Simply leave a comment here, and Edward and I will draw the winning blog on Thanksgiving!
Good luck and enjoy your busy week!
Edward and I certainly plan to!

Congratulations to Ruth! You won the poetry book! *******

Saturday, November 21, 2009

The Leaves

Perhaps they were tired of the usual, bored with the mundane annual routine. No doubt they had planned this for weeks, secretly convening beneath lunar light when the rest of the street was sleeping, tucked away in grey dens and brown burrows, twiggy nests and four-posters. The maples had thought of it first, whispering their mischievous idea to the oaks and the poplars whilst the pines and magnolias simply eavesdropped, for this did not concern them.
The plan was ingenious.
It made the old trees laugh.
For years, they had each shed their leaves in a casual fashion. It had always been thus, with the maples stepping off first, scattering their red-orange raiment on the autumn breeze like flaming sparks from a bonfire, and the oak leaves holding out till much later, as though reluctant to relinquish their lofty views up above all the others. A bit more mercurial, the poplars were always difficult to predict, for they adhered to a schedule known only to themselves. With a few leaves here, a bit more there, it had forever been a rather lazy process, almost nonchalant, and one that allowed the ear-muffed humans below ample time to catch up as they scurried around with their wood handled rakes. But not this year.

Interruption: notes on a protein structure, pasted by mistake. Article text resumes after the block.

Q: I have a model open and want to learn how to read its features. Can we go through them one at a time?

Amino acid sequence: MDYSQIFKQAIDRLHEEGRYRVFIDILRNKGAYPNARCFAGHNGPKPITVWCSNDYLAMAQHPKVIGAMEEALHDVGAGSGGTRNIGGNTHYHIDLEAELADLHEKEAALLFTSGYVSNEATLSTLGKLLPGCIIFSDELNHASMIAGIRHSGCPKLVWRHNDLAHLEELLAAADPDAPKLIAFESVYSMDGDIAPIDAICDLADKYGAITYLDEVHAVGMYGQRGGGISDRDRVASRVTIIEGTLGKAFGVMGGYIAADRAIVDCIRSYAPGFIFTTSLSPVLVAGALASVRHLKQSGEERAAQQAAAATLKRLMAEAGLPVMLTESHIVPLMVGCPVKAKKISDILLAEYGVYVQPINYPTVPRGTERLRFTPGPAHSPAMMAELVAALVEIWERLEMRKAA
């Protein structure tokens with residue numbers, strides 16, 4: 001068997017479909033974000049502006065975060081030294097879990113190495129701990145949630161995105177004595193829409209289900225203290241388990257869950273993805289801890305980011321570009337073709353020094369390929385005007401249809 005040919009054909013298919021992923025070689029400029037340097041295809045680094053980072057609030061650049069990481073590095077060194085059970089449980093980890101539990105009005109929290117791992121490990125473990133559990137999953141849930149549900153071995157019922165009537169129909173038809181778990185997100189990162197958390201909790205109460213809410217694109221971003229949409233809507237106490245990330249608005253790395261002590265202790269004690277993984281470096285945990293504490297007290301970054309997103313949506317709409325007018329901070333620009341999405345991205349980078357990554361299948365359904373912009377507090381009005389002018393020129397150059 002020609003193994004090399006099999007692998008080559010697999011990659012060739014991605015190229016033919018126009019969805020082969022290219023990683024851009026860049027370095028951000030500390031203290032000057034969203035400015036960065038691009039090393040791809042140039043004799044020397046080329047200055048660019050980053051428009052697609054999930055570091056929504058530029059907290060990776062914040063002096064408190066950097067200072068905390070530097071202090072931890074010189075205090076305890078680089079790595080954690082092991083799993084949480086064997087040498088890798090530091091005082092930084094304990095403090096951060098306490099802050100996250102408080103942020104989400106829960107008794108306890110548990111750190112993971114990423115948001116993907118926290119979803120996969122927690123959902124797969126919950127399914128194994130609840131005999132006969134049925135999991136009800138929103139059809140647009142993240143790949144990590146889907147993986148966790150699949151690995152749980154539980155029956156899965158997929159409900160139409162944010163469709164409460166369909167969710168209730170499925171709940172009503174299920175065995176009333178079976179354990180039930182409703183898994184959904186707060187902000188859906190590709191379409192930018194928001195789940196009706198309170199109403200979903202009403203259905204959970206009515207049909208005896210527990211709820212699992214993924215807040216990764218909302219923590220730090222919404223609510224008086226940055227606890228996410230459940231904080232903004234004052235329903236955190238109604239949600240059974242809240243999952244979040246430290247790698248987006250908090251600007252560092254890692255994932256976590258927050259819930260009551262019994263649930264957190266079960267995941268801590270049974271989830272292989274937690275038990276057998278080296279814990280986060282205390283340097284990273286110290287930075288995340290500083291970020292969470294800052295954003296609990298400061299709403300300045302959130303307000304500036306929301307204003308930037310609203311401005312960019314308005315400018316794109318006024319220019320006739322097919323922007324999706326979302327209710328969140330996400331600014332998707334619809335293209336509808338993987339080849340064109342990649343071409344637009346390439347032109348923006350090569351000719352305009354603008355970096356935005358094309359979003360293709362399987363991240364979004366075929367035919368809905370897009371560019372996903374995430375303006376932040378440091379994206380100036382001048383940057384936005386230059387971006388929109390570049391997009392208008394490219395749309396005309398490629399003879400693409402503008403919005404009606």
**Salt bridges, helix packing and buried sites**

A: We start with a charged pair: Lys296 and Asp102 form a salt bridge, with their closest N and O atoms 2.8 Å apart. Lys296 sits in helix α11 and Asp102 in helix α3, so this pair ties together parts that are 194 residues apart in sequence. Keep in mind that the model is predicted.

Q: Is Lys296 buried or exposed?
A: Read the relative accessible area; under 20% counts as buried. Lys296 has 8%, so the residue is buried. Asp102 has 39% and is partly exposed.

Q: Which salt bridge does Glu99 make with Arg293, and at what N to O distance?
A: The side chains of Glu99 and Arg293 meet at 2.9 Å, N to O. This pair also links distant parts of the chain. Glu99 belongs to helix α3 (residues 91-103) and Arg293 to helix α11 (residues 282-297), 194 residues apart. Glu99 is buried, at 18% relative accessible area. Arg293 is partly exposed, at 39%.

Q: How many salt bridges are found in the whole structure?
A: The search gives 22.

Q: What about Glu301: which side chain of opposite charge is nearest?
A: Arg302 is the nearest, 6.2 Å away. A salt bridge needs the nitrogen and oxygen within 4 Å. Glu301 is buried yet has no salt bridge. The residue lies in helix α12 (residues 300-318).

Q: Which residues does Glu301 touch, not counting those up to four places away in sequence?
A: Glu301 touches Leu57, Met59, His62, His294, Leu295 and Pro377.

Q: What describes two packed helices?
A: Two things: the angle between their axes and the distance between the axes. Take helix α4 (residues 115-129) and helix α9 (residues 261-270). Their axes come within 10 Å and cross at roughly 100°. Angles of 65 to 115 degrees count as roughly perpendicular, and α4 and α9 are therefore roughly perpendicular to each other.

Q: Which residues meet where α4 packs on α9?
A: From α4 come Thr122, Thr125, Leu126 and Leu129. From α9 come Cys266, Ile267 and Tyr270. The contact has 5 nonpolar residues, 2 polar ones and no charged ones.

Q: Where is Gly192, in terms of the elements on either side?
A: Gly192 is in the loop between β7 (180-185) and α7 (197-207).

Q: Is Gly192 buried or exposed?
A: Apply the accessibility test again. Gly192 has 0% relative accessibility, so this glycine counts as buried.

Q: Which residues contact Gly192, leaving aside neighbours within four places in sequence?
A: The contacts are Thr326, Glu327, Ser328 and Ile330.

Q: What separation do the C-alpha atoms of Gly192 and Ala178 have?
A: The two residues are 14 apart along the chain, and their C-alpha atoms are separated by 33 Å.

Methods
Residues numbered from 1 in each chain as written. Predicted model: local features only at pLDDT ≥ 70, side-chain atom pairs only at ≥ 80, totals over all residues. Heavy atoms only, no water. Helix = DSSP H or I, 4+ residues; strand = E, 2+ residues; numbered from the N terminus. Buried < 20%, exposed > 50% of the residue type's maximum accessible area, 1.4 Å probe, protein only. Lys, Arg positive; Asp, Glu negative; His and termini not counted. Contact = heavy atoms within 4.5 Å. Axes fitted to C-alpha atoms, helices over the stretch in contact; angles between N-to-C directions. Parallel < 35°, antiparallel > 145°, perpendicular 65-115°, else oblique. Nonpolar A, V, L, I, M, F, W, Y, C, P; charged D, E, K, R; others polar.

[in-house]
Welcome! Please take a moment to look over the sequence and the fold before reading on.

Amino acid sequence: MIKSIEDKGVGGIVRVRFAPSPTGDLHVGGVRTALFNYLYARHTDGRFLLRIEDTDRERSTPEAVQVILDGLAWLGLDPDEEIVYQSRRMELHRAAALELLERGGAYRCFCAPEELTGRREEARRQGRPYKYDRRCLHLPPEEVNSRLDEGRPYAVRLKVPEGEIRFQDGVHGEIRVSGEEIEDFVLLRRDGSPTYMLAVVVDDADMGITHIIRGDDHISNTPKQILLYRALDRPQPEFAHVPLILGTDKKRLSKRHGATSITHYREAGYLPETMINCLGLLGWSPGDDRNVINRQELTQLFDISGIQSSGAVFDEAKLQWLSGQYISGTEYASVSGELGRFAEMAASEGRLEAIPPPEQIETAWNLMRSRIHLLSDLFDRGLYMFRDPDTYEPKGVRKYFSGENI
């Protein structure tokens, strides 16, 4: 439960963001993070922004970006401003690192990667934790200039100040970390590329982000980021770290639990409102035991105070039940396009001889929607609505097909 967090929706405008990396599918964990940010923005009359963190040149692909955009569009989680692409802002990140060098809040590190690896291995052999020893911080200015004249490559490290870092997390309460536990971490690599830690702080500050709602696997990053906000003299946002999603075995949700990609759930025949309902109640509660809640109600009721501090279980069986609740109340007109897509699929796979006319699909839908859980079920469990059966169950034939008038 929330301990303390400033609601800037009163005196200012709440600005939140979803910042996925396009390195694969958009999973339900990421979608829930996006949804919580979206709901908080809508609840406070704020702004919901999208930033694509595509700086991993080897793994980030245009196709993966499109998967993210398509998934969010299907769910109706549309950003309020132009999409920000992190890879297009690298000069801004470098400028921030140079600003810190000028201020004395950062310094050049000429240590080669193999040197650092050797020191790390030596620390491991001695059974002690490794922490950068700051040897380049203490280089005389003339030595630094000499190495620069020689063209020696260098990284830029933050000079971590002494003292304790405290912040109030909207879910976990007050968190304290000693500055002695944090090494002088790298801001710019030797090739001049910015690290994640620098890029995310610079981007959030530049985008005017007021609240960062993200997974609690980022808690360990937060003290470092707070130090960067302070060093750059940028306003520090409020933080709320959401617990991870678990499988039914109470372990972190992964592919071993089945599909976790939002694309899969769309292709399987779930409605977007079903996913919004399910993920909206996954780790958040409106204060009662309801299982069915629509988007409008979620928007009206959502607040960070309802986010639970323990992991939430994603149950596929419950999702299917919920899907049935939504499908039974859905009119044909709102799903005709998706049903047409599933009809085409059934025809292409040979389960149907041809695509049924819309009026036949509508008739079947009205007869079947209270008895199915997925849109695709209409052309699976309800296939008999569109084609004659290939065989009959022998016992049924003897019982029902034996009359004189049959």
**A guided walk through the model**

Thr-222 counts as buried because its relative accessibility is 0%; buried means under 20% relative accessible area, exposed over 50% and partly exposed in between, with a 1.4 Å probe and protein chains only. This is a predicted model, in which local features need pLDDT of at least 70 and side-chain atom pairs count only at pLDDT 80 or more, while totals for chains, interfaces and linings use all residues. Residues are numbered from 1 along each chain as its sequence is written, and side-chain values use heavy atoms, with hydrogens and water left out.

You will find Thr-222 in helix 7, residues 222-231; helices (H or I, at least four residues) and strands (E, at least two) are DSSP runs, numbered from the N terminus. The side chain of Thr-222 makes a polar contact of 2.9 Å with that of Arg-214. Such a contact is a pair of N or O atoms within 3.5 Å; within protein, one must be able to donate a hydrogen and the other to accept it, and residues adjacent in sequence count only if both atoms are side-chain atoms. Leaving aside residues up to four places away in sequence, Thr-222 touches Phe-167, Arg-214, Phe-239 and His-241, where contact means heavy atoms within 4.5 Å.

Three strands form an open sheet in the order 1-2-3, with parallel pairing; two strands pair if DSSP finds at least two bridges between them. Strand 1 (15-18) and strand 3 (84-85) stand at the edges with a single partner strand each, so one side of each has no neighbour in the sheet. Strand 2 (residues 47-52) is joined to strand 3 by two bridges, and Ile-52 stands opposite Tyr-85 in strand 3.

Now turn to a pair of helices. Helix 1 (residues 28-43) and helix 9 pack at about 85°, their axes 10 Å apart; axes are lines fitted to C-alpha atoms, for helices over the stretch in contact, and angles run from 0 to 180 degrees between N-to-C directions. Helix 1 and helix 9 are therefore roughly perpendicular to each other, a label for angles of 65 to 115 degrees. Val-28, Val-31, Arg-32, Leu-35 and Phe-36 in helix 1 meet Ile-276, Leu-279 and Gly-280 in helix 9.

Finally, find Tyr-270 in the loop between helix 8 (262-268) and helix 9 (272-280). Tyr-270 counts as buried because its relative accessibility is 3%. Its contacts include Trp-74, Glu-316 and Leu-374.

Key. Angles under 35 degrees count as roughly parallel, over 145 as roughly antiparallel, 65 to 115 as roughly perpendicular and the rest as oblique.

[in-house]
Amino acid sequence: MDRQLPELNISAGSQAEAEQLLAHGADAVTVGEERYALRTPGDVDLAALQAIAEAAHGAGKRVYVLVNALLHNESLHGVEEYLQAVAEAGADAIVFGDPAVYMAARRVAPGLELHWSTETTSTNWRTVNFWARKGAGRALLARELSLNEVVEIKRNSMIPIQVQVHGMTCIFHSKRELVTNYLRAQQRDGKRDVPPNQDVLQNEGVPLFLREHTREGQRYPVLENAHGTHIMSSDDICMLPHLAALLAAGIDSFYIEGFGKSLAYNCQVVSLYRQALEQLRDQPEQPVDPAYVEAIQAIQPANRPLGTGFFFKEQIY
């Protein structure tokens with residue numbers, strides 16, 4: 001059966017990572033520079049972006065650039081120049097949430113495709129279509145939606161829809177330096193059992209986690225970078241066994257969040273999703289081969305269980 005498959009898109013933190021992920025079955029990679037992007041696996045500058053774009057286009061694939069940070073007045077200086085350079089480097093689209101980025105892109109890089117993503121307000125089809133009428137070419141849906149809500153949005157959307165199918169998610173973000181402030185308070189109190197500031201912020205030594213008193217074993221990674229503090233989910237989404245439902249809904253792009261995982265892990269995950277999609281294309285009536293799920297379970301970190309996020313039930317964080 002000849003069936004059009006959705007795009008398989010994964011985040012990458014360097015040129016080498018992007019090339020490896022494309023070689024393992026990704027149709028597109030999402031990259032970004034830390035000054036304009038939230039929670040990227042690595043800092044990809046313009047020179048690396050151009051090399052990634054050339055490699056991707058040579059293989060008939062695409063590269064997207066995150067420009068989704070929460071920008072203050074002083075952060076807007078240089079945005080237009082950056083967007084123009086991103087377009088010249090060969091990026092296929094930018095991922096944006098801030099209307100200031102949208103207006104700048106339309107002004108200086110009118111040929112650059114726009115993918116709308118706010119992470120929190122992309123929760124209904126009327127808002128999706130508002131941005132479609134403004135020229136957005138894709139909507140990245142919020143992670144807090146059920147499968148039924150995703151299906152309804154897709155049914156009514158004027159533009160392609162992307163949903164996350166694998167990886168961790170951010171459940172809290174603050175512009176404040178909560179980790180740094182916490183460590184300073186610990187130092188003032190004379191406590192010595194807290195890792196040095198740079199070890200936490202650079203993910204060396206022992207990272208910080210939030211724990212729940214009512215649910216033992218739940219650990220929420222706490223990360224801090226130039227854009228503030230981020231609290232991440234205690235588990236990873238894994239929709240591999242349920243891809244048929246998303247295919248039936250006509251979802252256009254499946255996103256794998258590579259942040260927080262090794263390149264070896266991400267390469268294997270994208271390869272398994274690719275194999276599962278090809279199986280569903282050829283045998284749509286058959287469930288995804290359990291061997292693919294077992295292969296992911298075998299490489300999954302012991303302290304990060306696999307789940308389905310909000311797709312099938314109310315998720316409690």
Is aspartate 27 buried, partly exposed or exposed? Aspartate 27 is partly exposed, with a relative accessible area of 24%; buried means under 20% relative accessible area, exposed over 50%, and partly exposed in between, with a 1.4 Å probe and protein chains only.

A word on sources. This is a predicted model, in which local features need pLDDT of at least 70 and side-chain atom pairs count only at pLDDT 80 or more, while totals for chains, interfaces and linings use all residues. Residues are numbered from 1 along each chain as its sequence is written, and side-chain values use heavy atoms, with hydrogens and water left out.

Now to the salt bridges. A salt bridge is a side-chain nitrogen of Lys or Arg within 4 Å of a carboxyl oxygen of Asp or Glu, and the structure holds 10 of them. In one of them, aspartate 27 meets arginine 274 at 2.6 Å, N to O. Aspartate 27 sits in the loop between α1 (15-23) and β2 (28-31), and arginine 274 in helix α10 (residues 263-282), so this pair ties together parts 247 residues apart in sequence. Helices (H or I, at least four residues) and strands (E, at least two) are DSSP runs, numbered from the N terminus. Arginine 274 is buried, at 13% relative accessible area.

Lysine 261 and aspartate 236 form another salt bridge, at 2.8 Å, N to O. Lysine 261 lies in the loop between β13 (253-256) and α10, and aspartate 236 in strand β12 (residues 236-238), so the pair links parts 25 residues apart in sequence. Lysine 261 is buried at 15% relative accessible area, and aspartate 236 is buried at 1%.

Meticulously organized, this colourful cabal executed its plan with precision.
On Saturday evening, the trees were full of leaves.
On Sunday morning, they were not.
Sometime in the deepdarkdead of the night - perhaps counting a prelude of three like a rainbow row of giggling children holding hands on the high dive preparing to jump - they all came down at once, leaving the cottage buried deep under crimson and gold. Up street and down, we all silently stood on our porches next morning, our various plans for the day visibly altered before our very eyes and, sighing, one by one, turned back inside to gather up coats and gloves, rakes and leaf blowers, determined to restore a semblance of order to the upturned landscape of our little world.
And later, from somewhere within one of those towering piles of crackling, fading colour, I could almost have sworn I heard an indistinct sound - a thin, strange echo of cheeky laughter.

Tuesday, November 17, 2009

All That Shopping